Building a Merritt-ocracy

Over his Magnetic Fields career, Stephin Merritt has never performed the same experiment twice. After creating the iconic break-up triple record 69 Love Songs, he put out the reverb-drenched Distortion, a Jesus and Mary Chain homage, which found a companion in this year’s Realism. Then there’s his Lemony Snickett soundtrack The Gothic Archies, and his work on last year’s Coraline off-Broadway musical. Through all this he has emerged as a distinct voice for a generation’s worth of heartbreak.

The Varsity: I remember an interview you did with Daniel Handler for the 69 Love Songs box set where he compared something you did to Simon and Garfunkel and you visibly cringed. But Realism is this eclectic folk album—has something changed, or is this a different kind of folk?

Stephin Merritt: I have nothing against Simon and Garfunkel—I quite like Cecilia. I just can’t stand Bridge Over Troubled Waters. I don’t particularly mind that comparison, but generally I don’t like being compared to anybody. I prefer to be eclectic enough that I’m not directly comparable.

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TV: It seems like much of your output has had a tension between romanticism and realism in a way. Do you think that’s fair?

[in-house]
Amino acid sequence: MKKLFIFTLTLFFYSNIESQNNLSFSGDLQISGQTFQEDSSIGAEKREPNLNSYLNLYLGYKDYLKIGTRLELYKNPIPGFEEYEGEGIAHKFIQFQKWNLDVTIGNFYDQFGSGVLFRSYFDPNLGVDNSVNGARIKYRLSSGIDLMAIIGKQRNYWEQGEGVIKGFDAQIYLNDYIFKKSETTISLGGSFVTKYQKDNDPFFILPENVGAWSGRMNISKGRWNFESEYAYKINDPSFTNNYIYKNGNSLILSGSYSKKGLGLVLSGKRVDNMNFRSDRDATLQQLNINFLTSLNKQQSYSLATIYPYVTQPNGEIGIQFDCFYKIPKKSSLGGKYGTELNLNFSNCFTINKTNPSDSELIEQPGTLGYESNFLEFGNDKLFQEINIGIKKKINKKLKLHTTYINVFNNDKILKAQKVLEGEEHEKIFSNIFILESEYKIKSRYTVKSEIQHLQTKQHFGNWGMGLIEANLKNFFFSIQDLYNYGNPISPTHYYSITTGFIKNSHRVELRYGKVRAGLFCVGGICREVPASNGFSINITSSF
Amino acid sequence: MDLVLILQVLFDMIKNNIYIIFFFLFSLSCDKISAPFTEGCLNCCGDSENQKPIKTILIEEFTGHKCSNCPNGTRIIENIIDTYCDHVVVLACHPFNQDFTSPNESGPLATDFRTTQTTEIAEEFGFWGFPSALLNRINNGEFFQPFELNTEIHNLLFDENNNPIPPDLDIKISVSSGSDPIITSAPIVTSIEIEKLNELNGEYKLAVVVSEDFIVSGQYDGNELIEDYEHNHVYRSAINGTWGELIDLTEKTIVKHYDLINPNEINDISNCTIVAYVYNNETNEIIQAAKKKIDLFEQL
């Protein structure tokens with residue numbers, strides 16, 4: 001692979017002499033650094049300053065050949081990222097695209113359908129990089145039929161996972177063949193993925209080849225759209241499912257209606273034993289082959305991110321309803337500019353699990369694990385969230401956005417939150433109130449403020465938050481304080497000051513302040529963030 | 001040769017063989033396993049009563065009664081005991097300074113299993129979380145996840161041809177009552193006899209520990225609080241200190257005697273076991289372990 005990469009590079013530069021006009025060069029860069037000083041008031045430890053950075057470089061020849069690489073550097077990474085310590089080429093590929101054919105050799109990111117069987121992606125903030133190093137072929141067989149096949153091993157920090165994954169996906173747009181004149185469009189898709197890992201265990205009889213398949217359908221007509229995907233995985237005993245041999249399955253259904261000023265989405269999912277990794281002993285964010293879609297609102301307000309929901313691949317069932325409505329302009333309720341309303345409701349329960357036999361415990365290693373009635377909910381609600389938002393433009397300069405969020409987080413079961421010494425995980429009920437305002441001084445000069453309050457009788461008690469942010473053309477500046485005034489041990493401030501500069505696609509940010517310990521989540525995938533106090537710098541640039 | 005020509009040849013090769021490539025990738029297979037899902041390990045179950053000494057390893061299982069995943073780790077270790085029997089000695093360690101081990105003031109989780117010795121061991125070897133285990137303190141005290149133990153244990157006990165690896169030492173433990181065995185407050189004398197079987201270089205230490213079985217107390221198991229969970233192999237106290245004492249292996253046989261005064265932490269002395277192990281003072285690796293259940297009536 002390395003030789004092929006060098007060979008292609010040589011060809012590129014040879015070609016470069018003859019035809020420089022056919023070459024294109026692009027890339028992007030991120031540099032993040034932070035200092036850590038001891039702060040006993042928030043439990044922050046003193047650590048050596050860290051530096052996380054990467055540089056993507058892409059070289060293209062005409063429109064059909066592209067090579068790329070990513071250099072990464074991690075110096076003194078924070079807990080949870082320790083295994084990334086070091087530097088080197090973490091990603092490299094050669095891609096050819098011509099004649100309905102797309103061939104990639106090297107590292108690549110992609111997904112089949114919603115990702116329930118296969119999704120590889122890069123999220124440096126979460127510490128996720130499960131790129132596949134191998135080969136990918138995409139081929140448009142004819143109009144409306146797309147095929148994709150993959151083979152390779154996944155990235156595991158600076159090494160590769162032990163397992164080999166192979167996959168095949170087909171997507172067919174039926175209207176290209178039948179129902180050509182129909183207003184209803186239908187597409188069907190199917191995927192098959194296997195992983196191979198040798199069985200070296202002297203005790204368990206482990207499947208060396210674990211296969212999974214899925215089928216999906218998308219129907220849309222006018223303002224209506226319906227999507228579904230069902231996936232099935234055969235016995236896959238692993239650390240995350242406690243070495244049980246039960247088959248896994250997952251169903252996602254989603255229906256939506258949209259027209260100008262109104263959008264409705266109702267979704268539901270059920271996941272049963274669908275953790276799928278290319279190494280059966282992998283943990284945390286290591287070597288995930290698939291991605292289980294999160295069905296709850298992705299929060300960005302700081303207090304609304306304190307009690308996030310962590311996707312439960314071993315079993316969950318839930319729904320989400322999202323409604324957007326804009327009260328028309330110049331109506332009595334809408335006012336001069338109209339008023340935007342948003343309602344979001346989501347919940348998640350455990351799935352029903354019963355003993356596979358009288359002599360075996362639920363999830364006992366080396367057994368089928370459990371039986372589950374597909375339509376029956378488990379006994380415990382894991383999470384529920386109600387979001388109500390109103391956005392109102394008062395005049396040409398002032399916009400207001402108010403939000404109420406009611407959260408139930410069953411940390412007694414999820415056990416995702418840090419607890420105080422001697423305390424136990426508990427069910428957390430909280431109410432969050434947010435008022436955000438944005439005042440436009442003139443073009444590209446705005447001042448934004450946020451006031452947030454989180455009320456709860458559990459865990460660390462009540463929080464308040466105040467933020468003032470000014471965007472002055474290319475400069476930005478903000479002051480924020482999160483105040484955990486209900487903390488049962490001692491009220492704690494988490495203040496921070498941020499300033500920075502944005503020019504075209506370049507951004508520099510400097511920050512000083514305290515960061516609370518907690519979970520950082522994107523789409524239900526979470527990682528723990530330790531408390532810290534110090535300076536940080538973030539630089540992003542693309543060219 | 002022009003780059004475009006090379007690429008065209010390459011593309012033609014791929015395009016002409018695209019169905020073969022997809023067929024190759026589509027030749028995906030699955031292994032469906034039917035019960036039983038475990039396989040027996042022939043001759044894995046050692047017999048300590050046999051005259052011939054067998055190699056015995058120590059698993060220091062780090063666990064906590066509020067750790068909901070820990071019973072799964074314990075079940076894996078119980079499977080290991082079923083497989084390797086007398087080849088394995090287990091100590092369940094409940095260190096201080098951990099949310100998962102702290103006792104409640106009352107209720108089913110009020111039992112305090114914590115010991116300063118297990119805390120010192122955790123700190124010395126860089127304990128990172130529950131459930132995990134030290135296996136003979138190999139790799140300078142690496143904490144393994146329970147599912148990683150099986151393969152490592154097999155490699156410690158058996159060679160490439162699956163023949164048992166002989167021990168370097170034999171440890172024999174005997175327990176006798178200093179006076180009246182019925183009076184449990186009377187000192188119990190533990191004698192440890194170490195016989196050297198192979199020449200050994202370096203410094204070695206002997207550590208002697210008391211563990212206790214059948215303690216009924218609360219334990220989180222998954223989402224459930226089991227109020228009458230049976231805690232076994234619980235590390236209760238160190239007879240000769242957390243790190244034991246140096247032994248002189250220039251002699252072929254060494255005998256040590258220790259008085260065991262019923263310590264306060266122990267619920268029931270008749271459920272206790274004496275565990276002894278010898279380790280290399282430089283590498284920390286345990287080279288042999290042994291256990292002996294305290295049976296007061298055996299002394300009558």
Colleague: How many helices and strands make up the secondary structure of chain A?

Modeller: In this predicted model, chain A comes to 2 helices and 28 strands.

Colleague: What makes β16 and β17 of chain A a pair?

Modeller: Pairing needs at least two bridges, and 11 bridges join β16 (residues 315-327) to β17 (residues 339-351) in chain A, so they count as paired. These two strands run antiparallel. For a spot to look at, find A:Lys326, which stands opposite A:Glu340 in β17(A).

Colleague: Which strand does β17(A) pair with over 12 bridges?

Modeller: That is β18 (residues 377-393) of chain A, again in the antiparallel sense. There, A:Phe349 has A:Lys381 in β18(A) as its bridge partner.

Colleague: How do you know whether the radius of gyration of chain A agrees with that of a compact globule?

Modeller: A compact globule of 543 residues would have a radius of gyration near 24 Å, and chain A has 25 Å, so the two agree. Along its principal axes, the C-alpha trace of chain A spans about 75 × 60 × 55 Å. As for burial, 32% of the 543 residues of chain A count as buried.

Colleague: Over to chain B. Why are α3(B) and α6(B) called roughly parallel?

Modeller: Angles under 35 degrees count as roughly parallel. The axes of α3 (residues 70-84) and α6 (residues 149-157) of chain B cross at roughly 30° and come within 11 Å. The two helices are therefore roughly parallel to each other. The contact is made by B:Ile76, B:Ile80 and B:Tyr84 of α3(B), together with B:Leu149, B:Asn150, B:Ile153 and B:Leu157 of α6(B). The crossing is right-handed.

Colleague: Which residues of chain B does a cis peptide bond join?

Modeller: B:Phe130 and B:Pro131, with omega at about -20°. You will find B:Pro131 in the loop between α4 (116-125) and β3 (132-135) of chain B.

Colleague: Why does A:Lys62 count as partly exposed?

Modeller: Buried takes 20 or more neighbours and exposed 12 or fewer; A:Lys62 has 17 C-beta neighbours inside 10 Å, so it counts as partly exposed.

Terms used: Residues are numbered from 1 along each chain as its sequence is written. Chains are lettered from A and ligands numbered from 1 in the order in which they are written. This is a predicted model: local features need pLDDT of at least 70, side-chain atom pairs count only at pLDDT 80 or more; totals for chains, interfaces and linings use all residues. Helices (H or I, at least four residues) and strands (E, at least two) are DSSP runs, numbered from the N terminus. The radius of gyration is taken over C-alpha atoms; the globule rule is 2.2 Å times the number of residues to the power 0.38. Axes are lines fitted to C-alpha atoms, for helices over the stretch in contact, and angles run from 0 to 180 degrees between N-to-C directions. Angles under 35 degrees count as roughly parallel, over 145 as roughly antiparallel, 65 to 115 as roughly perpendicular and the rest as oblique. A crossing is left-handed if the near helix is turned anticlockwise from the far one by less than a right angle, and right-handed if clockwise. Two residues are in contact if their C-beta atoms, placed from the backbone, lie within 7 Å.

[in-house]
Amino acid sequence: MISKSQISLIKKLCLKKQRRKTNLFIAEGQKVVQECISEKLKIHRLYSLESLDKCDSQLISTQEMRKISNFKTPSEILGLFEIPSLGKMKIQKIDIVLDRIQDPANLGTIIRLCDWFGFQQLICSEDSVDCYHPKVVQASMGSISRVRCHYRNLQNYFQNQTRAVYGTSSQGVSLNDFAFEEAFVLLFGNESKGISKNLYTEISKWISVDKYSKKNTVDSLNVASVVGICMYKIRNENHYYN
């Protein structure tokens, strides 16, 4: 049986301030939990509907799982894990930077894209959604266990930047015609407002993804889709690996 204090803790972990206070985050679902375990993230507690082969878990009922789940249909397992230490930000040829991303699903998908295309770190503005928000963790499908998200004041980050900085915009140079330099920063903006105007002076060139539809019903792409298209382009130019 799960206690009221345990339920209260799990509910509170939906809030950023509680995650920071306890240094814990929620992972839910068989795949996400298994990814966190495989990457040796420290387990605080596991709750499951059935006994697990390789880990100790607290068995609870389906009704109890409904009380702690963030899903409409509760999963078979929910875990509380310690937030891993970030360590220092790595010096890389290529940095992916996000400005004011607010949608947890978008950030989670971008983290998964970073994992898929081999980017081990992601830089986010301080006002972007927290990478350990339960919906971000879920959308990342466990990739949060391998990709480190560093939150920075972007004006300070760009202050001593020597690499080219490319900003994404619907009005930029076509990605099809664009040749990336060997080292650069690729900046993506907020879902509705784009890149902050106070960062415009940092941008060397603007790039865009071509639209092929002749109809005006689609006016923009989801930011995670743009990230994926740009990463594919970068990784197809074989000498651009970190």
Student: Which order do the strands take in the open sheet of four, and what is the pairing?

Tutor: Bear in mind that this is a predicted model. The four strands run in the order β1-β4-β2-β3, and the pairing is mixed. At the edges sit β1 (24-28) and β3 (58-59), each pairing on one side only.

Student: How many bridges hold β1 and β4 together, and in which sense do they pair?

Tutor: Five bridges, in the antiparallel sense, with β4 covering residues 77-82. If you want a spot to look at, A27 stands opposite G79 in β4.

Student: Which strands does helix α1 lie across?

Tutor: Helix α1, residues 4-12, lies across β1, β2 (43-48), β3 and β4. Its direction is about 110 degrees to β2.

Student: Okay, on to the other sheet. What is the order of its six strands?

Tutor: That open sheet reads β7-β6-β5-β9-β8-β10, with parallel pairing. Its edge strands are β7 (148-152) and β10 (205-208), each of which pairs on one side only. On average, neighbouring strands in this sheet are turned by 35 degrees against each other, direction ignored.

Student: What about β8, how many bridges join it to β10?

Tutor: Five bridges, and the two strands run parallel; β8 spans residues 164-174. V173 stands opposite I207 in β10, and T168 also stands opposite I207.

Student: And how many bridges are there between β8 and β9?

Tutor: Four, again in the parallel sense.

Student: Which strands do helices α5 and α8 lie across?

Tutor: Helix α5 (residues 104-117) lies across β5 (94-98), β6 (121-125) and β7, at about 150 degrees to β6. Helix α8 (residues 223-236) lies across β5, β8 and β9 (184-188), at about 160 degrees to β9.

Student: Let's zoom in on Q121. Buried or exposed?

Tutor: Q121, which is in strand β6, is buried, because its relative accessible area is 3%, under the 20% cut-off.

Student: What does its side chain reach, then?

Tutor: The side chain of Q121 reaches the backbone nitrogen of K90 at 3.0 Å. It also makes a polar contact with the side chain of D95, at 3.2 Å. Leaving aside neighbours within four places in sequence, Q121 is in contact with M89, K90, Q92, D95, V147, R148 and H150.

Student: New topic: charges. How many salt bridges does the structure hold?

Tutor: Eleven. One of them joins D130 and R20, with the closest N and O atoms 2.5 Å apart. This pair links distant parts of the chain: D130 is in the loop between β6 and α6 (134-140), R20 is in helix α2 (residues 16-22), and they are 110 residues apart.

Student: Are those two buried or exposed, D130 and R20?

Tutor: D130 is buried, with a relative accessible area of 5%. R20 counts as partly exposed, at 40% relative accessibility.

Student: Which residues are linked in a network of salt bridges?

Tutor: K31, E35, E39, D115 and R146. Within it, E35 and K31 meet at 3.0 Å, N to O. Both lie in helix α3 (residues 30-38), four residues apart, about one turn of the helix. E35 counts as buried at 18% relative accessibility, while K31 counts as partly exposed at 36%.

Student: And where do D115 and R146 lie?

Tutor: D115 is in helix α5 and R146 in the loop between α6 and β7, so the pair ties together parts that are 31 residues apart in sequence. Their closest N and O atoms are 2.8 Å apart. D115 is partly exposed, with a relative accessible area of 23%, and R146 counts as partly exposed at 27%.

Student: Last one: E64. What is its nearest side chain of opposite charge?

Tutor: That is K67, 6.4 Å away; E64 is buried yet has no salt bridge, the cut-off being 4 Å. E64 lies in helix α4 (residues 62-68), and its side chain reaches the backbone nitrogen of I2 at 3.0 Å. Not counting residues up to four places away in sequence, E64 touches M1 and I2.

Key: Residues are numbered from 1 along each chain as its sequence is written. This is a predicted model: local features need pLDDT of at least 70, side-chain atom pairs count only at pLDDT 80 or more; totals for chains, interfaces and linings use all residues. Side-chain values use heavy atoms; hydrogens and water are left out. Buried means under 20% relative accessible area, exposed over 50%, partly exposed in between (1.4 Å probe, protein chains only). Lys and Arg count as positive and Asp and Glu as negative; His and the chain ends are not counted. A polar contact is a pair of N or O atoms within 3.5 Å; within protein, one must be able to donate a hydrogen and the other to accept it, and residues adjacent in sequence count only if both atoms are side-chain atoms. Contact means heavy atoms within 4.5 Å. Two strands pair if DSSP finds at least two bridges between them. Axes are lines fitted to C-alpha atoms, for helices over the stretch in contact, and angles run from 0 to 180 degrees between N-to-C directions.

SM: Well, I don’t believe in the category of realism in the first place. I use it as a general term, like Distortion. We use it as a false god—as is folk itself. I don’t believe in folk and I don’t believe in realism. That’s why I titled this record that way: I find the ideas of both of those things highly problematic. I think the marketing category of folk is essentially racism. It’s a way of selling white people singing English, especially in non-standard accents—things that are traditional or sound vaguely that they are traditional, and anything outside of the boundaries of that are called blues or world. Realism has its own problems, but it’s at least not that socially-, sociologically-constructed.

TV: I heard you were going to name the records [Realism and Distortion] True and False, but that you backed out on that. This goes back to that idea of coming up with imperial, binary categories.